The recent report, Saving Lives, Improving Mothers’ Care, from UK maternity services watchdog MBRRACE, found that in 2013-2015, 41% of the women who died during pregnancy, childbirth or postnatally, might have had better outcomes with improved care.
Whilst the number of deaths from indirect causes of maternal sepsis had decreased overall – an improvement they attribute in part to raised awareness of the condition resulting from the campaigning work of organisations such as the UK Sepsis Trust - 24 of the reviewed maternal deaths between 2013 and 2015 had sepsis as their primary infective cause. Nearly half of these were directly caused by sepsis and four arose from urinary tract sepsis or wound infection after caesarean section.
The report referred to the World Health Organisation’s (WHO) new international definition of maternal sepsis for 2017, which describes maternal sepsis as ‘a life threatening condition defined as organ dysfunction resulting from infection during pregnancy, childbirth, post-abortion or post-partum period.’
It went on to make specific recommendations for prevention and treatment of sepsis in maternity services, many of which reflected the panel’s identification of a recurrent, dominant theme that multiple opportunities are being missed at all stages of pre-pregnancy, pregnancy, birth and postpartum to anticipate and take steps to reduce the patient’s risk.
With this in mind, recommendations were made for high level action to ensure that it is seen as the responsibility of all health professionals to facilitate opportunistic counselling and advice. Preventative measures should include increasing uptake of the flu jab, as influenza is a known cause of maternal sepsis-related death. In the recognition that women might be put off by having to attend yet another appointment, the report recommended that as pregnant women attend maternity services during pregnancy, funding should be made available for the delivery of influenza immunisation in maternity services as part of their antenatal care, rather than as a separate appointment in primary care.
Recommendations for the recognition and prevention of postpartum sepsis included the somewhat obvious instruction to community midwives to have a thermometer with them when they carry out home visits so that they can check the temperature of postpartum women who are unwell. The panel regarded having the ability to check the postpartum mother’s temperature as a minimum requirement, along with checking blood pressure, pulse and respiratory rate. They recommended that the new NICE Guidelines (not due for publication until 2020) should make this guidance clear.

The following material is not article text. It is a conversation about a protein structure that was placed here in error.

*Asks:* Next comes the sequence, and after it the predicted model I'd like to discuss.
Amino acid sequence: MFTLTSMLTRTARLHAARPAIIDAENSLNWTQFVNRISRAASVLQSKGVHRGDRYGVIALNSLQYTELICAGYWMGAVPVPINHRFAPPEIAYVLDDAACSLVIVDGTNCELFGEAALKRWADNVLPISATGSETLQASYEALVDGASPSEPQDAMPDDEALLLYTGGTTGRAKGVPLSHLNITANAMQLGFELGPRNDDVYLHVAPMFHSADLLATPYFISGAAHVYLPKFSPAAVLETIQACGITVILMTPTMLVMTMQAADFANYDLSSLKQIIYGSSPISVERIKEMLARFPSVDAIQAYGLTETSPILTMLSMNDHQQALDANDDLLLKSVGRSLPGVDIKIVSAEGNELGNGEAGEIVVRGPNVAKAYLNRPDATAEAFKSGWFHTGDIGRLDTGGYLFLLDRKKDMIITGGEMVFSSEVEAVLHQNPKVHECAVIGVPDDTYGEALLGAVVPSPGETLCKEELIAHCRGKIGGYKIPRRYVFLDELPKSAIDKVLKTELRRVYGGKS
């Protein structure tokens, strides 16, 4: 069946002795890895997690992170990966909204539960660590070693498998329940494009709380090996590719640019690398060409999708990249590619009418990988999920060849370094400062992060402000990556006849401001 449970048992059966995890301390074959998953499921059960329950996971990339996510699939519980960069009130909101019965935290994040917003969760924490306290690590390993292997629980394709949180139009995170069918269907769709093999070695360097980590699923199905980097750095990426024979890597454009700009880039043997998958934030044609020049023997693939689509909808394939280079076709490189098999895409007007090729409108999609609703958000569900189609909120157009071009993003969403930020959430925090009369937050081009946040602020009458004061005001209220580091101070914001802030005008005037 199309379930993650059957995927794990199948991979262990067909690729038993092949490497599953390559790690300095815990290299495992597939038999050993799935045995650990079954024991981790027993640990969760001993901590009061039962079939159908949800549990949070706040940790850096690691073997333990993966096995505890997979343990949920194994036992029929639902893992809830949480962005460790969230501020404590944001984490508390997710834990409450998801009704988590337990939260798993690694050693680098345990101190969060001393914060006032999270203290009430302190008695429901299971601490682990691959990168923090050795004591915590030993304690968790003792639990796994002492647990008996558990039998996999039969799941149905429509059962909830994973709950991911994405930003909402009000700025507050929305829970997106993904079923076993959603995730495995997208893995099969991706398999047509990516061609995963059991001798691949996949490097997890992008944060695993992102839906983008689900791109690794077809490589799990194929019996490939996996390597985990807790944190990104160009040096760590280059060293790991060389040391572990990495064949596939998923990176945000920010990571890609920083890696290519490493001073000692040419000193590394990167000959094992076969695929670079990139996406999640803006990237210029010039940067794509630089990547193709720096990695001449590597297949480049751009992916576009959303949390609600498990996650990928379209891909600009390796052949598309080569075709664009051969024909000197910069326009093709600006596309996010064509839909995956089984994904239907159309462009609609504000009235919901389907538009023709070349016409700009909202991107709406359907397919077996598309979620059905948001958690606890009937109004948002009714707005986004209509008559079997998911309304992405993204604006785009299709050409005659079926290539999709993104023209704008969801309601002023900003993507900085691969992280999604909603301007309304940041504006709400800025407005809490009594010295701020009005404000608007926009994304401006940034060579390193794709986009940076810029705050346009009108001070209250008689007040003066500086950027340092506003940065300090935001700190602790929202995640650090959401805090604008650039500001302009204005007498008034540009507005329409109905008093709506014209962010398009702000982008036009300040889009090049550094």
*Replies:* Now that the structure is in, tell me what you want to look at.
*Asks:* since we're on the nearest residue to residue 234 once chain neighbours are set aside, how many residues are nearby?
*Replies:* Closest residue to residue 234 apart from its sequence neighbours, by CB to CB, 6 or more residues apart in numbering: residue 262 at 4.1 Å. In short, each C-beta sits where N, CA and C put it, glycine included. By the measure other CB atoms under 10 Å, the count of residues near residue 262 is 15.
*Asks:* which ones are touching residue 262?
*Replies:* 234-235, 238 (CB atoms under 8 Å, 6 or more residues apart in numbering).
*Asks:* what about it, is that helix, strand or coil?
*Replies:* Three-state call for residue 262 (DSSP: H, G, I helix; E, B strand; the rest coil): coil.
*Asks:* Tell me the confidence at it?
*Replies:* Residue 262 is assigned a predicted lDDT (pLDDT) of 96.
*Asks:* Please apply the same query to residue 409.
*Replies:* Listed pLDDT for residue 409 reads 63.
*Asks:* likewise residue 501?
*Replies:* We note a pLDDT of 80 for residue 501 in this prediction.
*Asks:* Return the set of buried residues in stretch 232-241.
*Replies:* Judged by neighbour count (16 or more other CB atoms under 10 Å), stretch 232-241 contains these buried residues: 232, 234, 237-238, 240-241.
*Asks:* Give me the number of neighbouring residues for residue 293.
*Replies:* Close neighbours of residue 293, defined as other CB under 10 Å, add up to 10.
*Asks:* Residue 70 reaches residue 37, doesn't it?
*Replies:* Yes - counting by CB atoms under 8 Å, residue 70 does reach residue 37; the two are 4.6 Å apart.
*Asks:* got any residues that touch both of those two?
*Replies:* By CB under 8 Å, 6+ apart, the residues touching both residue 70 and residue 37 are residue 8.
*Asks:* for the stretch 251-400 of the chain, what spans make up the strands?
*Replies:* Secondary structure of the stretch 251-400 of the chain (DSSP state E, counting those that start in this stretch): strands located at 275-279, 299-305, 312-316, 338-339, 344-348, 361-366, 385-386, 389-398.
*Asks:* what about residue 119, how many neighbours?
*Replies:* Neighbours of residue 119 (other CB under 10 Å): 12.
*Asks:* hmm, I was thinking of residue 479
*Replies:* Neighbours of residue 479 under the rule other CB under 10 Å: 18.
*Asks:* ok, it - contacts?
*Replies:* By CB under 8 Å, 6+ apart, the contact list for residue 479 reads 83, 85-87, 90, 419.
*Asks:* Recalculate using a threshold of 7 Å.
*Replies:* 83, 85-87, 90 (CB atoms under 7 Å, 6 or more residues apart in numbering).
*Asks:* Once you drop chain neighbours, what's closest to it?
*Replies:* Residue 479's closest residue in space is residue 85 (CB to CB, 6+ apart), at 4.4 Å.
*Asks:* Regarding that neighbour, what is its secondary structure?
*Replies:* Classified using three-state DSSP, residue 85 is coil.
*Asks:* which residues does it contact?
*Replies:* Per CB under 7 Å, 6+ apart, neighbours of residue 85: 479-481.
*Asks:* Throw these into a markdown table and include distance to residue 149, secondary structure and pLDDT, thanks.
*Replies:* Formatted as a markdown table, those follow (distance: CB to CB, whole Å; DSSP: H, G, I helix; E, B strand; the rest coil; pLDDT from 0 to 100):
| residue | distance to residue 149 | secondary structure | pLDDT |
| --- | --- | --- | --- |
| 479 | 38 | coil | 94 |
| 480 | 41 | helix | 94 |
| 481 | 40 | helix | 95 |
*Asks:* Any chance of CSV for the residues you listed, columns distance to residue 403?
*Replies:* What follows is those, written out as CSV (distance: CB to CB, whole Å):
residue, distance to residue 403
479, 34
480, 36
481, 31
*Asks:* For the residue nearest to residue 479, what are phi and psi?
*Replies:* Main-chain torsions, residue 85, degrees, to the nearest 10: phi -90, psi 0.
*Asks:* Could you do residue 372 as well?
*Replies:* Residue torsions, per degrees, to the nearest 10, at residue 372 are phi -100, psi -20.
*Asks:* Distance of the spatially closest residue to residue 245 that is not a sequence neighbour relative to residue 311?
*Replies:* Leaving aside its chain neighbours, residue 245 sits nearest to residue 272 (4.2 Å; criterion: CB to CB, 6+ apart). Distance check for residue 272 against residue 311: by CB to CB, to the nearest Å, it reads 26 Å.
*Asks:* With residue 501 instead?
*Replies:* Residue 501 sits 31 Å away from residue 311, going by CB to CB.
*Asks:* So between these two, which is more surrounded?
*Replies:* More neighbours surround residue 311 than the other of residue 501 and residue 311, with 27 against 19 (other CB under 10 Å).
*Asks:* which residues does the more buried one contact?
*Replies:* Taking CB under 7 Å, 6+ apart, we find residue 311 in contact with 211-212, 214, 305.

In addition, health professionals were reminded to check the unwell woman’s overall clinical condition rather than relying solely on her MEOWS score which tracks changes over time in observations such as temperature, blood pressure, heart rate and respiratory rate. This is another recurrent theme, echoing the findings of the RCOG’s Each Baby Counts report which reminded maternity healthcare providers that accidents (and claims) could be avoided if they would assess the patient taking into account the full clinical picture rather than just looking at the CTG.
Following a reminder that the key actions for diagnosis and sepsis are:
- Timely recognition
- Fast administration of intravenous antibiotics
- Quick involvement of experts with senior review noted as essential
…other recommendations included ‘declaring sepsis’ – by invoking a protocol to ensure that all relevant members of the multidisciplinary team are informed, aware and act upon a potential diagnosis of sepsis, again drawing on the importance of escalation and communication between the various disciplines of health professionals who together are responsible for the woman’s care.
Multiple presentations by the woman, even in different settings (eg at the GPs surgery, then at A&E) should be seen as a ‘red flag’ warning, requiring careful review and escalation to senior clinicians.
The panel emphasised that chronic illness and immunosuppression are in themselves risk factors for sepsis. Women with chronic illness, such as diabetes or sickle cell trait which put them at increased risk of infection should, therefore, have a lower threshold for admission to hospital, antibiotic administration and input from senior clinicians.
In the event of a shortage of ITU or HDU beds, the report reminds healthcare providers that ‘critical care is a management modality not a place’. If a woman is ill enough to need intensive care, she also needs close observation and support whilst awaiting transfer to ITU. The requisite level of care should be provided wherever the woman is located and not delayed whilst waiting for a critical care unit bed.
Whilst the significant reduction in maternal deaths from sepsis between 2010-2012 and 2013-2015 is a welcome demonstration of the value of the awareness raising work of the UK Sepsis Trust, there is much work still to do if the government is to meet its target of halving the number of maternal deaths overall by 2030.
Anticipating and reducing risk, adopting responsibility, communication and timely escalation emerge as the essential learning points for health practitioners, especially in times of high activity in maternity and A&E units.
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